Radiologist Augustine “Austin” O’Keeffe, MD, has been a dedicated and highly respected member of the Beverly and Addison Gilbert Hospitals community for close to half a century. During this time, he has held numerous physician leadership roles, including Chief of Radiology and President of Beverly Radiology Associates, where he practiced for several decades. He was also a longtime member of the Beverly Hospital Board of Trustees. After retiring from his clinical practice in 2015, O’Keeffe soon returned as Chief Medical Officer of Philanthropy. In this unique role, he leveraged his network of friends and colleagues in the community, helping secure several significant gifts. O’Keeffe fully retired in December 2023. 

Originally from Ireland, where he attended the National University of Ireland Medical School, O’Keeffe completed his residency at Lahey Clinic and a one-year fellowship in vascular radiology at Peter Bent Brigham Hospital (now Brigham and Women’s Hospital). An accomplished sailor, who once made a 26-day solo voyage from Manchester-by-the-Sea to County Cork in Ireland, O’Keeffe is well-known for his good humor, congenial manner, and clinical acumen—and importantly, for his commitment to high-quality imaging, delivered with care and compassion.  

You attended medical school in Ireland. How did you end up practicing on the North Shore?
When I first came to the U.S., my intention was to get my postgraduate education here and then go back to Ireland. So, finding a residency that would be recognized worldwide was an important first step. Landing at Lahey Clinic fit the bill and led to a fellowship in Boston and eventually a job at North Shore Radiological Associates in Winchester. By that time, I was married and had two kids. I had also fallen in love with the North Shore area. It was a difficult decision to stay in the U.S., but one I’m glad I made. I’ve lived in Manchester-by-the-Sea ever since.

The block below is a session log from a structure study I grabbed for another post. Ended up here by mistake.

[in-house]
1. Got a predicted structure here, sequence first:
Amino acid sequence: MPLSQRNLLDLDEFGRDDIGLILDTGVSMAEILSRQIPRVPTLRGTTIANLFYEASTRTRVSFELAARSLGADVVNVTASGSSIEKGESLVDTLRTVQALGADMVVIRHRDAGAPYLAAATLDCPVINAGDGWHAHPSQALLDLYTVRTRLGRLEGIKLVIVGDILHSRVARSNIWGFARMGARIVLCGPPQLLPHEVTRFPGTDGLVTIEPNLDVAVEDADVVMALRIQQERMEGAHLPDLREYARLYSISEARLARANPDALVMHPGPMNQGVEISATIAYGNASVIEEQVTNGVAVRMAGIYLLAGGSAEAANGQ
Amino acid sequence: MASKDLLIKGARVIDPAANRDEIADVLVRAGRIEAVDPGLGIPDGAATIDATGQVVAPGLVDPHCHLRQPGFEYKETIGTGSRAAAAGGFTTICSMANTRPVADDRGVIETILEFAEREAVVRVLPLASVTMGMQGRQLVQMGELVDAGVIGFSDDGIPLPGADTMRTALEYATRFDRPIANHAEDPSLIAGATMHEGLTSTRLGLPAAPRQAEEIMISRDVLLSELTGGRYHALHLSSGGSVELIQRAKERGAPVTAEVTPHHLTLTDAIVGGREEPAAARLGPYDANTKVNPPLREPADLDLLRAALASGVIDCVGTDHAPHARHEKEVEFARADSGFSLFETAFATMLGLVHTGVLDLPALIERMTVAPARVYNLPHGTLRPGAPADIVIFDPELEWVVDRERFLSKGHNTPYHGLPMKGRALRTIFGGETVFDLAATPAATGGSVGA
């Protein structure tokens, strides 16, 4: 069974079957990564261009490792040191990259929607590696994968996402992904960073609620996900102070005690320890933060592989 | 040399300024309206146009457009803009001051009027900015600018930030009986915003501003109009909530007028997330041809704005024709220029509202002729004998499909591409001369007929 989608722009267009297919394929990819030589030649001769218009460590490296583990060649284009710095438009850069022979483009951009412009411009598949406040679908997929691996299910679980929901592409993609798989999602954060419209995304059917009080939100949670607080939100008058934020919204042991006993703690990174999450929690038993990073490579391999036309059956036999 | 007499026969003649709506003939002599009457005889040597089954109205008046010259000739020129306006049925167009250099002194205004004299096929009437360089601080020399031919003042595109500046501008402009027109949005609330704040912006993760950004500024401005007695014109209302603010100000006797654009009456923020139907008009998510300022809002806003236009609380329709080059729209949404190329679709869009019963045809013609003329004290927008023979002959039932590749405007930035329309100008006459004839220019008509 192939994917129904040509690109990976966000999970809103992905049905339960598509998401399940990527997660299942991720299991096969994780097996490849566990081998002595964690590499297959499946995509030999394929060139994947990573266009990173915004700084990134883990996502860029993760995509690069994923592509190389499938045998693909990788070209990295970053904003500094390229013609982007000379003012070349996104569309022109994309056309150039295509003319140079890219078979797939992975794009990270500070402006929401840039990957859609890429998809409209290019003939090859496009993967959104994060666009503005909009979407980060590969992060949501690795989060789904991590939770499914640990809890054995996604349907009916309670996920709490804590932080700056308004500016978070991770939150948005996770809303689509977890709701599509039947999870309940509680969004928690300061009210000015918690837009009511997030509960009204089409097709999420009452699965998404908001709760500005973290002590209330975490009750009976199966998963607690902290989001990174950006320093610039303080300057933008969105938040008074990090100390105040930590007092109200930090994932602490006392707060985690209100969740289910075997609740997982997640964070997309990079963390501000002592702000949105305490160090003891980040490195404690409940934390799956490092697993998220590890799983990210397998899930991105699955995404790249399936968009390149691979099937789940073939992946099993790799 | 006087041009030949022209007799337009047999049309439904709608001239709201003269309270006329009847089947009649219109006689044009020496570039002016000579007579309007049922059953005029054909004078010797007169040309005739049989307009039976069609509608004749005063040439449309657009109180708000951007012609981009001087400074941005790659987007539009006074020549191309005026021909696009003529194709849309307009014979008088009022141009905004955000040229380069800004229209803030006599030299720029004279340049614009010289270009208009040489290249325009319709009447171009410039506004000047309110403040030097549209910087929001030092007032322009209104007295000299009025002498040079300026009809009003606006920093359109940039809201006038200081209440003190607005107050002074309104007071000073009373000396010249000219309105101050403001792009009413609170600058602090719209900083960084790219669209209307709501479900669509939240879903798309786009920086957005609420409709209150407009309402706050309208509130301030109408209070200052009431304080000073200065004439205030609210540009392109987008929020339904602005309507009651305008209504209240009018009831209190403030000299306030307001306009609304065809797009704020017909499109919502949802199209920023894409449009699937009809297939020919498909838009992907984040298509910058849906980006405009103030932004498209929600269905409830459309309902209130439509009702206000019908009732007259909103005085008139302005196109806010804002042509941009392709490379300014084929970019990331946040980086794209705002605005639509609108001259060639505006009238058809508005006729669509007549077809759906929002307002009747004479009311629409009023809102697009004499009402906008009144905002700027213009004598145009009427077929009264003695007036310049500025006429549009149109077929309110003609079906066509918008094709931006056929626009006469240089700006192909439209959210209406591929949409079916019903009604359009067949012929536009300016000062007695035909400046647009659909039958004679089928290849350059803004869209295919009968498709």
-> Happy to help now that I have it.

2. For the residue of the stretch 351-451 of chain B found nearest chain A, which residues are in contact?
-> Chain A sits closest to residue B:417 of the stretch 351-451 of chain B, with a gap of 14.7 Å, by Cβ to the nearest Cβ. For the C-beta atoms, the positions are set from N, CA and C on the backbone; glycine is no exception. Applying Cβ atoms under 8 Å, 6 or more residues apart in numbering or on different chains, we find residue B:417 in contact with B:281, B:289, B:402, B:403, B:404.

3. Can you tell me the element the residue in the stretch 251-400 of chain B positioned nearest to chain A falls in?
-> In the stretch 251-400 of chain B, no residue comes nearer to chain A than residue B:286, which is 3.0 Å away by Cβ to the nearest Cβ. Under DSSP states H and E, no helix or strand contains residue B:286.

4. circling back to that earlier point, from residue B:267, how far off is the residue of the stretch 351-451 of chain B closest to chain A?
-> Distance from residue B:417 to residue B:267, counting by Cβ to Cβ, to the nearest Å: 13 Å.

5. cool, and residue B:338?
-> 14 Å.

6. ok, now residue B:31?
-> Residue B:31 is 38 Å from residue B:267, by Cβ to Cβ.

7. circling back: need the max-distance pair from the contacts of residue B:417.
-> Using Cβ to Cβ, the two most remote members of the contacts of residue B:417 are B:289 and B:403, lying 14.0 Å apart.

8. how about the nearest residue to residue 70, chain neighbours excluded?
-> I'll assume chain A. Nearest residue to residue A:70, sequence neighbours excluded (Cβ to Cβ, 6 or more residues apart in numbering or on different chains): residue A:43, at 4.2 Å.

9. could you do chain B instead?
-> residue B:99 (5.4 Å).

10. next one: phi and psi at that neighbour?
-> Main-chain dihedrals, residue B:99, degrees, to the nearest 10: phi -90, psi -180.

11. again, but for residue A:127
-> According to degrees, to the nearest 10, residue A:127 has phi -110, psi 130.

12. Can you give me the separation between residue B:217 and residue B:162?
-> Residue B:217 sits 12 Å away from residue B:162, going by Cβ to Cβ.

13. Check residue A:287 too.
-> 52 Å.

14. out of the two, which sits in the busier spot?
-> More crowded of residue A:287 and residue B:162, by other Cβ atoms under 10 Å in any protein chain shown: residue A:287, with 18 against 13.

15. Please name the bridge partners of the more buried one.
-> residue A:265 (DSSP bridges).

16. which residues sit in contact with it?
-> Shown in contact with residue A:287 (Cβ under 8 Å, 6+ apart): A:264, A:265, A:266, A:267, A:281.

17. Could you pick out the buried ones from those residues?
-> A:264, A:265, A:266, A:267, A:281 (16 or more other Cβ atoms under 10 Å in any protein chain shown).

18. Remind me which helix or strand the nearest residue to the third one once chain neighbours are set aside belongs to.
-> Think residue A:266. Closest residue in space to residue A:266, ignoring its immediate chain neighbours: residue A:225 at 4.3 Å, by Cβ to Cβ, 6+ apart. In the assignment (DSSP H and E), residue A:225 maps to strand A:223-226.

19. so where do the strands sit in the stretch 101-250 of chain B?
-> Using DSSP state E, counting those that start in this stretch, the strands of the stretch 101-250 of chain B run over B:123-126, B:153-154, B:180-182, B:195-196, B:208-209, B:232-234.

What led you to pursue a career in medicine and specialize in radiology?
I come from a humble background. My family made their living through farming and shopkeeping. But my parents were entrepreneurs and eventually were doing well enough to send me to boarding school and then medical school. I was an ambitious student and knew I wanted to do something altruistic with my career. And I was drawn to the medical field. I chose to specialize in radiology because I found the detective work involved in diagnosing and eventually treating disease to be so intriguing. 

You worked as a radiologist for decades; what kept you engaged?
I always enjoyed caring for patients and working with my colleagues. I also found my physician leadership roles to be very fulfilling—both at the hospital and in the practices where I worked. As a trustee, I had the opportunity to be part of the decision-making process when Addison Gilbert Hospital became affiliated with Beverly Hospital, and then again when the two hospitals became part of the Lahey system. I always enjoyed having a seat at the table during times of transformation and helping improve patient care in our community. 

How did the field of radiology change and evolve throughout your career?
When I started, the technology was very basic, nothing like it is today. We only did X-ray exams and used actual film, developed like a photo. Since then, we’ve added ultrasound, CT scanning, MRIs, and interventional radiology. I was continuously learning about new imaging technology. Artificial intelligence is the next evolutionary step in the field. It’s already being used to help interpret images and assist radiologists in the diagnostic process. 

In 2016, after you joined the philanthropy team at Beverly Hospital. What interested you in this role?
After I retired from my medical practice, I still wanted to contribute to the hospital and the broader community. The Chief Medical Officer of Philanthropy position was based on one at Lahey Medical Center that had proven to be quite successful, and it seemed like a good fit. I’m well-known on the North Shore and that was seen as an advantage, especially when it came to connecting with physicians. Philanthropy is vital to the work we do at the hospital, and I always had great respect for our philanthropy teams, who were collaborating with leadership and physicians to drive impact. Some of the largest gifts that I was part of were focused on expanding behavioral health services at the hospital, which is a big win for the region.  

What will you miss most now that you are fully retired?
I’ll miss the camaraderie with physicians and clinical staff; being part of a team that is doing important work and improving lives. It has really been a privilege to work alongside such a talented group of people and make a difference in my own community. 

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